16. Zhu W, Huang Y, Zeng L, Chen X, Liu Y, Qian Z, et al. AnatomyNet: deep learning for fast and fully automated whole-volume segmentation of head and neck anatomy. Med Phys 2019 46(2):576-89.
crossref pmid
17. El Jurdi R, Petitjean C, Honeine P, Cheplygina V, Abdallah F. High-level prior-based loss functions for medical image segmentation: a survey. Comput Vis Image Underst 2021 210:103248.
18. Paszke A, Gross S, Massa F, Lerer A, Bradbury J, Chanan G, et al. PyTorch: an imperative style, high-performance deep learning library. Adv Neural Inf Process Syst 2019;32:8024-35.
19. Howard J, Gugger S. Fastai: a layered API for deep learning. Information 2020 11(2):108.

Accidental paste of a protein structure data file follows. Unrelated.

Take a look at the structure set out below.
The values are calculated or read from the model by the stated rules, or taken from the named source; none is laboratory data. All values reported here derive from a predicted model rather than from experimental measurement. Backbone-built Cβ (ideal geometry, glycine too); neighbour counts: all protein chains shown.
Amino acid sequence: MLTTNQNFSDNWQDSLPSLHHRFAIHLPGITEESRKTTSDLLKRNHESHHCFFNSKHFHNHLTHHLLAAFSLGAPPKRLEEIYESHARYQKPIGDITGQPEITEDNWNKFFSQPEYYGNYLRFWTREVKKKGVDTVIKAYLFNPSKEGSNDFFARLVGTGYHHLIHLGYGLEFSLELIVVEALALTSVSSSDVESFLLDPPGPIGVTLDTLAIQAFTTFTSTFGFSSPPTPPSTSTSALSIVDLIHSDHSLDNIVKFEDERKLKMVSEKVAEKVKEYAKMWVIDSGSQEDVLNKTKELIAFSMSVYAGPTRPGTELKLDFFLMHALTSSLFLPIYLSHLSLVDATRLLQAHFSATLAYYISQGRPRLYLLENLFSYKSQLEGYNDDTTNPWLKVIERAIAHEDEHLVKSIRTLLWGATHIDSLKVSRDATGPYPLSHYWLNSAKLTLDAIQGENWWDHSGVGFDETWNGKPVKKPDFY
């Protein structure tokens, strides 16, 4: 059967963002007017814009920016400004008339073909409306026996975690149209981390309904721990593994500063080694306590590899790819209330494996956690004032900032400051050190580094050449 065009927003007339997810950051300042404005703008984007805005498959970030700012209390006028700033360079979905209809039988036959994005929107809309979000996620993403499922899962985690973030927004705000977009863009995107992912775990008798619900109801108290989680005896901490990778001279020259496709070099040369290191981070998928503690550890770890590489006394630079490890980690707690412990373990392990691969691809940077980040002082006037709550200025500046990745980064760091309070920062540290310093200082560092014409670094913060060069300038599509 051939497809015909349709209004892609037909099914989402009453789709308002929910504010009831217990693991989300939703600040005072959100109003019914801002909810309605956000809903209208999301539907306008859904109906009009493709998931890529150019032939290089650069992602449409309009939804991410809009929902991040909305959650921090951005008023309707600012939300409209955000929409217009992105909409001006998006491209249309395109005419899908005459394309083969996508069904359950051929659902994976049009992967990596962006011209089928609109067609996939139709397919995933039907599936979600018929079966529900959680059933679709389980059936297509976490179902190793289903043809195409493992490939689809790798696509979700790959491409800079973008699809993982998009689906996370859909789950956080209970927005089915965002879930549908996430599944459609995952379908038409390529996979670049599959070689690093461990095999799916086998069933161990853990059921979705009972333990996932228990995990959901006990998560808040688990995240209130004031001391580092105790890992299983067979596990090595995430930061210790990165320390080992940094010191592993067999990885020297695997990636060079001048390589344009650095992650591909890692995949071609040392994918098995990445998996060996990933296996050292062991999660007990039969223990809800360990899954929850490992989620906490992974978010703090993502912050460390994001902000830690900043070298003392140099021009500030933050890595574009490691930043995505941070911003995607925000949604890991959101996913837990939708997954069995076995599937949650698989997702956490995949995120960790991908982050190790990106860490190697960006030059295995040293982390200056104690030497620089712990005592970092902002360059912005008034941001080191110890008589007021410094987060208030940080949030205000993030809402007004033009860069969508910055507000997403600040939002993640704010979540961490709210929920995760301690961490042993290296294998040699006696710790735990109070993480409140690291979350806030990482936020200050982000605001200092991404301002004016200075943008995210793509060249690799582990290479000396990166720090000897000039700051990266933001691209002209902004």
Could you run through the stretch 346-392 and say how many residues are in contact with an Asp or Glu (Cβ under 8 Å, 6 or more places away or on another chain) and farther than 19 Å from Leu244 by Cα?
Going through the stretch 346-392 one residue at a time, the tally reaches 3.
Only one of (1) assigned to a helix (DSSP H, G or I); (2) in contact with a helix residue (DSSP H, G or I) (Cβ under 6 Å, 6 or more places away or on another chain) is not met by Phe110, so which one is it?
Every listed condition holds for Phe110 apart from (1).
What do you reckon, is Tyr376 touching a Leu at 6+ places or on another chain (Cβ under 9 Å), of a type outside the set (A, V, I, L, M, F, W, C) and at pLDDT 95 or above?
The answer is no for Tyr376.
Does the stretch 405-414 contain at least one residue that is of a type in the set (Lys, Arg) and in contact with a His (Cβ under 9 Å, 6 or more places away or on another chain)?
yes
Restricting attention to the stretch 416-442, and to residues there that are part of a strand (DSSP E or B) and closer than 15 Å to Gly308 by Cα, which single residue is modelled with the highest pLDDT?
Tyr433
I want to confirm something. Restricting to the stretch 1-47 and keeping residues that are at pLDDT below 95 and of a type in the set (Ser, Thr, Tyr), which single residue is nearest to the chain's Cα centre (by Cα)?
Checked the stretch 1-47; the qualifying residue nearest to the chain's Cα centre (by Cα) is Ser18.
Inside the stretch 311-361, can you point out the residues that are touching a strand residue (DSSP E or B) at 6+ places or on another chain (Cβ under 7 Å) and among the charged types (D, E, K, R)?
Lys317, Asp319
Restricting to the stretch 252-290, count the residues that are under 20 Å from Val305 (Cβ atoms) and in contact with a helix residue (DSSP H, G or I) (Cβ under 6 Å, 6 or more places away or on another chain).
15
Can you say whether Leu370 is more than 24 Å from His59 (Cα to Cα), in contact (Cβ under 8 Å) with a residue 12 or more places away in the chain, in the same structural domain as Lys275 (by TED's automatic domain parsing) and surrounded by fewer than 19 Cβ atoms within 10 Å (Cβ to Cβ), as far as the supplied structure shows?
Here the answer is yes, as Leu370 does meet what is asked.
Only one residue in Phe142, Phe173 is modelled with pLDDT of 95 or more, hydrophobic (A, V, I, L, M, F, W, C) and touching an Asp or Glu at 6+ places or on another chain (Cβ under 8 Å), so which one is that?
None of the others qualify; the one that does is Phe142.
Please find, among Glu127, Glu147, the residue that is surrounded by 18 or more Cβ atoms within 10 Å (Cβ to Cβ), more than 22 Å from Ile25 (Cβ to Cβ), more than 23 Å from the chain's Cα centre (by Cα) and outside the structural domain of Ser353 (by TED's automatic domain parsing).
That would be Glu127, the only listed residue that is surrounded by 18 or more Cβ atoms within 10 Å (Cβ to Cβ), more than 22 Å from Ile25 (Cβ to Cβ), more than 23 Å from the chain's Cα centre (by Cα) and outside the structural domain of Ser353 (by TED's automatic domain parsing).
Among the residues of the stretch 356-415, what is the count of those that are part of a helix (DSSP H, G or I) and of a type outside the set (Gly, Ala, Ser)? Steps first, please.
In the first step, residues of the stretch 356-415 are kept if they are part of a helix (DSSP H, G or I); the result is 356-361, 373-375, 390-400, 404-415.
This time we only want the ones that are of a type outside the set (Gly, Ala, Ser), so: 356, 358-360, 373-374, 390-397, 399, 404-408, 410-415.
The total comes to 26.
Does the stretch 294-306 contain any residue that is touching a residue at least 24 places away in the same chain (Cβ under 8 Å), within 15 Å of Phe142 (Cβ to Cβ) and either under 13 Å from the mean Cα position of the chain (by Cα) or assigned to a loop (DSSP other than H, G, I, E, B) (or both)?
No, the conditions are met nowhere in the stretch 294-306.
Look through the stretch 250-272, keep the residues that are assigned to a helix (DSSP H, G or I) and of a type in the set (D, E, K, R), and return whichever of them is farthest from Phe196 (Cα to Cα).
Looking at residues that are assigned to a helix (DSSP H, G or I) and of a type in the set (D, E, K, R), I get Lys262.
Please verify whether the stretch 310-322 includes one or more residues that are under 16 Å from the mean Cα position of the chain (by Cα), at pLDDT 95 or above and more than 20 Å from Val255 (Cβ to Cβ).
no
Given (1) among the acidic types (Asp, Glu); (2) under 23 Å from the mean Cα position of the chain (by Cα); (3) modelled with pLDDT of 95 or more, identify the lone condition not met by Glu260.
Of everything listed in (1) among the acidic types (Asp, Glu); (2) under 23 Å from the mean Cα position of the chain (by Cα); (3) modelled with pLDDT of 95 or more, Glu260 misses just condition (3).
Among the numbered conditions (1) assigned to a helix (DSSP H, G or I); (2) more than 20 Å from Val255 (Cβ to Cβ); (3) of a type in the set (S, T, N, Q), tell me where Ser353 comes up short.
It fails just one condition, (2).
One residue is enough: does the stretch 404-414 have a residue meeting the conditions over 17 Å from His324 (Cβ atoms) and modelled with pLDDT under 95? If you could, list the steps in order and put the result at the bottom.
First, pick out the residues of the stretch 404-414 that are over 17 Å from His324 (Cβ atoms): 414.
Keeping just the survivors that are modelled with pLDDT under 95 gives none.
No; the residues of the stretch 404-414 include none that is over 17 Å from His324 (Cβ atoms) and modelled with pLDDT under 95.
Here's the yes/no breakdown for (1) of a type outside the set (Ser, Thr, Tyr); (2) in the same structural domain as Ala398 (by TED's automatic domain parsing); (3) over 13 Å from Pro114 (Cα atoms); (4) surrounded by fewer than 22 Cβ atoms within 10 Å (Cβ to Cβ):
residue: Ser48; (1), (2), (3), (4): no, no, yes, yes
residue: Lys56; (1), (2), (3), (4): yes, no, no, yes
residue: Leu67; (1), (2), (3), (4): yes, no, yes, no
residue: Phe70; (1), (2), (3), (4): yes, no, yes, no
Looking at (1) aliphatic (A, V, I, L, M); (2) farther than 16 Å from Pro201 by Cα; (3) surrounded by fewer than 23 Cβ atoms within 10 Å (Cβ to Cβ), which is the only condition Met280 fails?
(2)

20. van Stralen KJ, Dekker FW, Zoccali C, Jager KJ. Measuring agreement, more complicated than it seems. Nephron Clin Pract 2012 120(3):c162-7.
crossref pmid
21. Schaap MJ, Cardozo NJ, Patel A, de Jong EM, van Ginneken B, Seyger MM. Image-based automated psoriasis area severity index scoring by convolutional neural networks. J Eur Acad Dermatol Venereol 2022 36(1):68-75.
crossref pmid pmc
22. Wu X, Yan Y, Zhao S, Kuang Y, Ge S, Wang K, et al. Automatic severity rating for improved psoriasis treatment. Medical image computing and computer assisted intervention – MICCAI 2021. Cham, Switzerland: Springer; 2021. p. 185-94.
23. Pal A, Chaturvedi A, Garain U, Chandra A, Chatterjee R, Senapati S. Severity assessment of psoriatic plaques using deep CNN based ordinal classification. OR 20 Context-aware operating theaters, computer assisted robotic endoscopy, clinical image-based procedures, and skin image analysis. Cham, Switzerland: Springer; 2018. p. 252-9.